Huh? How did that happen?
I was just poking around the web, and to my amazement, I ran into a book that just came out on March 29, 2011 called (see the Amazon link if you want): Good Boss, Bad Boss: Lessons from Effective and Not-So-Effective Managers. It written by a consultant named Dr. Doreen McGunagle, CEO of Global Strategic Management Solutions. Note the title is identical to my Good Boss, Bad Boss, and the subtitle is also very close to my "How to be the best... and learn from the worst." I will buy the book and read it to make sure that none of the content is lifted ( I suspect it is not, I certainly hope it is not).
I sent this information to my publisher and they may take some kind of action against her. I am not a big believer in suing people in general, and honestly, in this case, I don't think this book will do any financial damage to me. But my main reaction is just to be disgusted, to wonder how this could happen? Did she see my title and then forget it existed -- but then later believe she had invented it herself? We humans do things like this sometimes. That is the most charitable explanation. The others are much less charitable, that she is trying to get book sales and consulting work on the back of the the original Good Boss, Bad Boss as it was a New York Times and Wall Street Journal bestseller. I am not angry with the author, rather, mostly dismayed that anyone would be sloppy or so brazen as to lift the title of another management book and to treat it as her own. She ought to be embarrassed and ashamed, which is punishment enough. If she isn't, and believes her actions are defensible, well, I think that reflects even more poorly on her.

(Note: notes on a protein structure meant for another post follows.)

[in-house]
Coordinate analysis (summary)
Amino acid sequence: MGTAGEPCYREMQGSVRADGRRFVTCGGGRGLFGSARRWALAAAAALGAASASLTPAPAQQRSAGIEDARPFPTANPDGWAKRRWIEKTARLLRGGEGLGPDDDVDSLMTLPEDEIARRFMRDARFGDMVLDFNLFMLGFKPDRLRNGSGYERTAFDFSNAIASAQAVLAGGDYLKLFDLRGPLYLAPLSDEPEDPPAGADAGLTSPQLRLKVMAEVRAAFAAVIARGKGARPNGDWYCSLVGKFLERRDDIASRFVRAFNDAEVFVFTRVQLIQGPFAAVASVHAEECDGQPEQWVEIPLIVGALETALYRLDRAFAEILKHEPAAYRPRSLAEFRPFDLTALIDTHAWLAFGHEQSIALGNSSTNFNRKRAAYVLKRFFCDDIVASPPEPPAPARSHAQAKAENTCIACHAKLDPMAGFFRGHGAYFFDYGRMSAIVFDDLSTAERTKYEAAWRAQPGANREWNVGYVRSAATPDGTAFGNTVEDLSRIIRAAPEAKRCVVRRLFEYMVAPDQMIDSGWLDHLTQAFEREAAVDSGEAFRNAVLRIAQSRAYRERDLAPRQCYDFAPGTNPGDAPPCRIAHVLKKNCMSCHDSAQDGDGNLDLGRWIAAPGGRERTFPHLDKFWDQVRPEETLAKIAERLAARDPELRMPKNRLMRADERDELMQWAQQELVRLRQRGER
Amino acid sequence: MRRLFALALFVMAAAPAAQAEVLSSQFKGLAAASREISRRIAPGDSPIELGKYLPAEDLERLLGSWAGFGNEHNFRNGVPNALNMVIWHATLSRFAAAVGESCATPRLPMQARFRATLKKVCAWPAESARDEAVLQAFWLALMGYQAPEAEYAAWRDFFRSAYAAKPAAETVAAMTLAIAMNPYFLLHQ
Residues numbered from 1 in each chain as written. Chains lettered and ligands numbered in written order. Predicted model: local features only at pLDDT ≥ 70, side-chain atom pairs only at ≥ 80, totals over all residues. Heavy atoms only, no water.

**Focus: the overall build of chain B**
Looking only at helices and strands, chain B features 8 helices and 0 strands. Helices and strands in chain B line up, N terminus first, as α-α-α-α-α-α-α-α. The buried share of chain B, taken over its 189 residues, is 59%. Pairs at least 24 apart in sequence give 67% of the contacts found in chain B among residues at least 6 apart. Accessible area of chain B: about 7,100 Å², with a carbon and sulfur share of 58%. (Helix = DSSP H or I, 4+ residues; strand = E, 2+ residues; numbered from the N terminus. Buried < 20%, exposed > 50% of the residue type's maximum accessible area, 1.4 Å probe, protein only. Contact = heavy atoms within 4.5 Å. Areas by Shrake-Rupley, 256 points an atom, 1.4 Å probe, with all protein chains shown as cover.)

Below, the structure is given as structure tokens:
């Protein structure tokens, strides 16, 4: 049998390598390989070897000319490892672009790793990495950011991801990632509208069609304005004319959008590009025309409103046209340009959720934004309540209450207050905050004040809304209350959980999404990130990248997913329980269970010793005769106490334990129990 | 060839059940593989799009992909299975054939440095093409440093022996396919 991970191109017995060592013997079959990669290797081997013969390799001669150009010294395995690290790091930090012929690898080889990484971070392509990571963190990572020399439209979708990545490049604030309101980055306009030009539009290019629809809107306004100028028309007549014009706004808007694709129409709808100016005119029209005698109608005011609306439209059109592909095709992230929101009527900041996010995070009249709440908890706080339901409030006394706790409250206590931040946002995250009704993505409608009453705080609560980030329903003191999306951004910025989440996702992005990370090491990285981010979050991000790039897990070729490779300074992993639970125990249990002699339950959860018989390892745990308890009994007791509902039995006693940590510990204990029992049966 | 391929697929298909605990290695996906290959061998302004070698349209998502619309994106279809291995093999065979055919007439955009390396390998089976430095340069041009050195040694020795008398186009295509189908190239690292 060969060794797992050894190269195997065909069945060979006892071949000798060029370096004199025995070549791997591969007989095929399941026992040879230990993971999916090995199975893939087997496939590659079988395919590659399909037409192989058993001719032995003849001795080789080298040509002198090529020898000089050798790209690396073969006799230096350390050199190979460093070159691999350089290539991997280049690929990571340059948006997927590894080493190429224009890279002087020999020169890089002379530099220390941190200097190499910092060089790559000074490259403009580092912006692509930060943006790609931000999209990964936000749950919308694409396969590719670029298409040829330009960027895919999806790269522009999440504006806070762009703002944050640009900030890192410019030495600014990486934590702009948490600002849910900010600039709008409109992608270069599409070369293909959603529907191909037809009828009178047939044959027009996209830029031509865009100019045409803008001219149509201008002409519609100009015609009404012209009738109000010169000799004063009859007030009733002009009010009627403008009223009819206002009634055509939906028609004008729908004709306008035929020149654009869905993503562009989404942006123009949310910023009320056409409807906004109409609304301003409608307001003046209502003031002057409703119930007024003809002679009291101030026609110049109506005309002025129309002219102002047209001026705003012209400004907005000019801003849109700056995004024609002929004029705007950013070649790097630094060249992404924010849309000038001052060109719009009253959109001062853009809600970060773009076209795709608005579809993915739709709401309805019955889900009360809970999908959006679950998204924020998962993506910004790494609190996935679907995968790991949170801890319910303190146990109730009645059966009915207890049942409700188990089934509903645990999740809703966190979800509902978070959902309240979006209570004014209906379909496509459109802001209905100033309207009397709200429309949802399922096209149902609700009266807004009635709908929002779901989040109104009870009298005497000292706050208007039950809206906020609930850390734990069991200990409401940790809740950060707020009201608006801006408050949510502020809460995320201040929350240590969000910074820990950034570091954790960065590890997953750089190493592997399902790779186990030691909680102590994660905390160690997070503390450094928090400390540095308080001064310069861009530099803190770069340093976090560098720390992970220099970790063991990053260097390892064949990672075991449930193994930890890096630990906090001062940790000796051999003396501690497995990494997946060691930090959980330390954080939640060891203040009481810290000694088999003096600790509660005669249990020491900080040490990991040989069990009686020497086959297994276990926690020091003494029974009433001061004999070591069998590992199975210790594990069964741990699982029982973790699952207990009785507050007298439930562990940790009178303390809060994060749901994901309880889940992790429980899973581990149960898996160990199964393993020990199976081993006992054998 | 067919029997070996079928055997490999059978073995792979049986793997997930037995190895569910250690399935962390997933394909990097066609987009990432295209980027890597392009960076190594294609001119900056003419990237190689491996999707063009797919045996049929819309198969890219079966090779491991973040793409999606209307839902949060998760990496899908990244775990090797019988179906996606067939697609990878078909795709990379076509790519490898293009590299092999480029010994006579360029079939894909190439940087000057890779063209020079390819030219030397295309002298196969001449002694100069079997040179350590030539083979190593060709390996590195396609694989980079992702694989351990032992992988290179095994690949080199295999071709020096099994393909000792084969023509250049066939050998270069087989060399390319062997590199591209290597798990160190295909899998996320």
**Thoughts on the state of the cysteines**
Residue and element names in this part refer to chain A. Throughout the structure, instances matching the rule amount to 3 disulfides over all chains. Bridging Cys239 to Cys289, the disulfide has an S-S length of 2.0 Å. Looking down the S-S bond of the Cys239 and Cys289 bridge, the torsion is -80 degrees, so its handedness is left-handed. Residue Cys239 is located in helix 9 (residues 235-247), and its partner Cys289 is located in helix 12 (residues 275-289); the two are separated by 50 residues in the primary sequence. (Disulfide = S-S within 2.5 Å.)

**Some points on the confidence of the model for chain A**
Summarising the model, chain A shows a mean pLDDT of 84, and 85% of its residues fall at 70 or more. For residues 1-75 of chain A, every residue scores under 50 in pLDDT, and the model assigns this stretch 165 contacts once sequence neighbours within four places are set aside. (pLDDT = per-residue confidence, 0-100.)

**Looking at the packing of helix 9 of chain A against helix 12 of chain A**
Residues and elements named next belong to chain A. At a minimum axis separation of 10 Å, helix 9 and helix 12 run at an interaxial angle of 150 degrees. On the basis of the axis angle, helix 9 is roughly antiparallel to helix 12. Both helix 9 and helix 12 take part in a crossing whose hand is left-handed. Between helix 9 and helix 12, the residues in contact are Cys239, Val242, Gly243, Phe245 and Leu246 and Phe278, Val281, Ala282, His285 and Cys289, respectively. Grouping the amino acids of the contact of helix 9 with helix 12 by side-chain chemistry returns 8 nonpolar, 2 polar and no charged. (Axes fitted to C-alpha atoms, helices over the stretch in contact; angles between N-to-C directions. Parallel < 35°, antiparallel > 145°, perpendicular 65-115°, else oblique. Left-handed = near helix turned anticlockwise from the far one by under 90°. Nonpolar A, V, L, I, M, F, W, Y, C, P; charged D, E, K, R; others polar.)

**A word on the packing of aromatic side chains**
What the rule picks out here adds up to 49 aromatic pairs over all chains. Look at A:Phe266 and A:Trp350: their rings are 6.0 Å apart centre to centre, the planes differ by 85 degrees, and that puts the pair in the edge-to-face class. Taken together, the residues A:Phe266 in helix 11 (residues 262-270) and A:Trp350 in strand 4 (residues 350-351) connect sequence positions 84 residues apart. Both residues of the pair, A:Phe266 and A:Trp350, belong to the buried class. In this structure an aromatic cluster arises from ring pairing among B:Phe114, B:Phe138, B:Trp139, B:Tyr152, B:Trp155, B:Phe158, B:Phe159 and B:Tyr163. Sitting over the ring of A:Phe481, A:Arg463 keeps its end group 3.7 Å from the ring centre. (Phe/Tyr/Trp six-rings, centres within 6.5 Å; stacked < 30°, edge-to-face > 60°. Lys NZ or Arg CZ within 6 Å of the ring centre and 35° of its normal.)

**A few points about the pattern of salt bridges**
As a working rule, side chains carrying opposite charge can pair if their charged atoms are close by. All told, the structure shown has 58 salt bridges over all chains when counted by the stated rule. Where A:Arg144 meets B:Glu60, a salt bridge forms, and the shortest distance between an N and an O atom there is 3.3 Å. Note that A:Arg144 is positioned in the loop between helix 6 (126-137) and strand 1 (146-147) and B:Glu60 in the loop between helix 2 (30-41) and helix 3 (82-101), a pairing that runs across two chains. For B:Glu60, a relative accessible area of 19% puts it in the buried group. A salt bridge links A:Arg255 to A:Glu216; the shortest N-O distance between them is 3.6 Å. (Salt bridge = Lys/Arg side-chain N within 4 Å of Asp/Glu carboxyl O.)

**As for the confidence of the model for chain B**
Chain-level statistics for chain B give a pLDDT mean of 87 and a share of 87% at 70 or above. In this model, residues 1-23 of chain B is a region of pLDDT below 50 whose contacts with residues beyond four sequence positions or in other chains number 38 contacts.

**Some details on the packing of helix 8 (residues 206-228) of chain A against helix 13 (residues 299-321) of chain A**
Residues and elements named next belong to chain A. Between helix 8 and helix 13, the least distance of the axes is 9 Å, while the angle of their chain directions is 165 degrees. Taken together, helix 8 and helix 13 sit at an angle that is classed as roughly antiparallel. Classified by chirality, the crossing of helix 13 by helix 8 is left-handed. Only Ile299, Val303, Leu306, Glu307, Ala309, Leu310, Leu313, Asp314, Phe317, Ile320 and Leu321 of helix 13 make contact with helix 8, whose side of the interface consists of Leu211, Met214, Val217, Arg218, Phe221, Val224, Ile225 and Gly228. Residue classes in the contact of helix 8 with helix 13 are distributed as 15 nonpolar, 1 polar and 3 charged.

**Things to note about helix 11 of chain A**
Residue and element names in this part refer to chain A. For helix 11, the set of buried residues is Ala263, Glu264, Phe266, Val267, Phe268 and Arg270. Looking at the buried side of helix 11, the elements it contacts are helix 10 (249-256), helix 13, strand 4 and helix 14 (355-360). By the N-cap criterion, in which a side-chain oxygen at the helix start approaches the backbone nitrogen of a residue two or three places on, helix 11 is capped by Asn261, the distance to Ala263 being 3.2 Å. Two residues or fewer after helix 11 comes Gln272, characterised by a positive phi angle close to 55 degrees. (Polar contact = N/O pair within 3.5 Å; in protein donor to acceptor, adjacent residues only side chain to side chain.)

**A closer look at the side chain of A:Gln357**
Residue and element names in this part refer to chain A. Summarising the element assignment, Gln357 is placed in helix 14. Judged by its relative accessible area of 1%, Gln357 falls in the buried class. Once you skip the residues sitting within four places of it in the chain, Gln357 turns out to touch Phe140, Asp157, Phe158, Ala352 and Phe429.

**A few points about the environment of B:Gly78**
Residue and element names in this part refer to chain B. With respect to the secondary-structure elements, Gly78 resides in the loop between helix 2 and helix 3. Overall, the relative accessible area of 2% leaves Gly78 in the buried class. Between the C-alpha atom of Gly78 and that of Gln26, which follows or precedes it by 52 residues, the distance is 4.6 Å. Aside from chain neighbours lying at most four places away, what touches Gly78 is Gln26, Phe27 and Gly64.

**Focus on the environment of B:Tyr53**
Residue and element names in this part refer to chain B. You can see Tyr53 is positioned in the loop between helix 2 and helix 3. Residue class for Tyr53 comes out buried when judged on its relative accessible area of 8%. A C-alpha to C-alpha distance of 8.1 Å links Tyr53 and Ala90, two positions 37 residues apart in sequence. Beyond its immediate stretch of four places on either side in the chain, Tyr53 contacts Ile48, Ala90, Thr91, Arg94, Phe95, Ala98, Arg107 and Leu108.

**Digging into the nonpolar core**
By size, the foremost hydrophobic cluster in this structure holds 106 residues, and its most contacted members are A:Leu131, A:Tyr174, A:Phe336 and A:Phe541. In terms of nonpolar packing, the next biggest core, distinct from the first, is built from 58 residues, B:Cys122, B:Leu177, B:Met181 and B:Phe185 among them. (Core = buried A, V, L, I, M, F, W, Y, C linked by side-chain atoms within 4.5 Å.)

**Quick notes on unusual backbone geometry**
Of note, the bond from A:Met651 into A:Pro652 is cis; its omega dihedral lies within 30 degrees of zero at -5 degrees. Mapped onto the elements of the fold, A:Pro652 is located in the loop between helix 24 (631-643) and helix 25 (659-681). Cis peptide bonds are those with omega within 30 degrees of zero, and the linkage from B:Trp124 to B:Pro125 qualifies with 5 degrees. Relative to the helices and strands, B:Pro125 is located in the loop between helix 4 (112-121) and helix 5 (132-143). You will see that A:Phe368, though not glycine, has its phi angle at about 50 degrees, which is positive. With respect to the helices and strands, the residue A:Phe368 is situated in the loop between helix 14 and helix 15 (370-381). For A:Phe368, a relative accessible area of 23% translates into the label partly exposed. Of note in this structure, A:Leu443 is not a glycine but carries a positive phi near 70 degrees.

So, that was my little surprise today. I was pretty shocked by the whole thing, and the more I think about, the harder it is for me to understand why and how this happened. What is the upside for her or her publisher? Doesn't it just reflect badly on them?
I would appreciate any thoughts that readers might have, as this whole thing has me quite befuddled.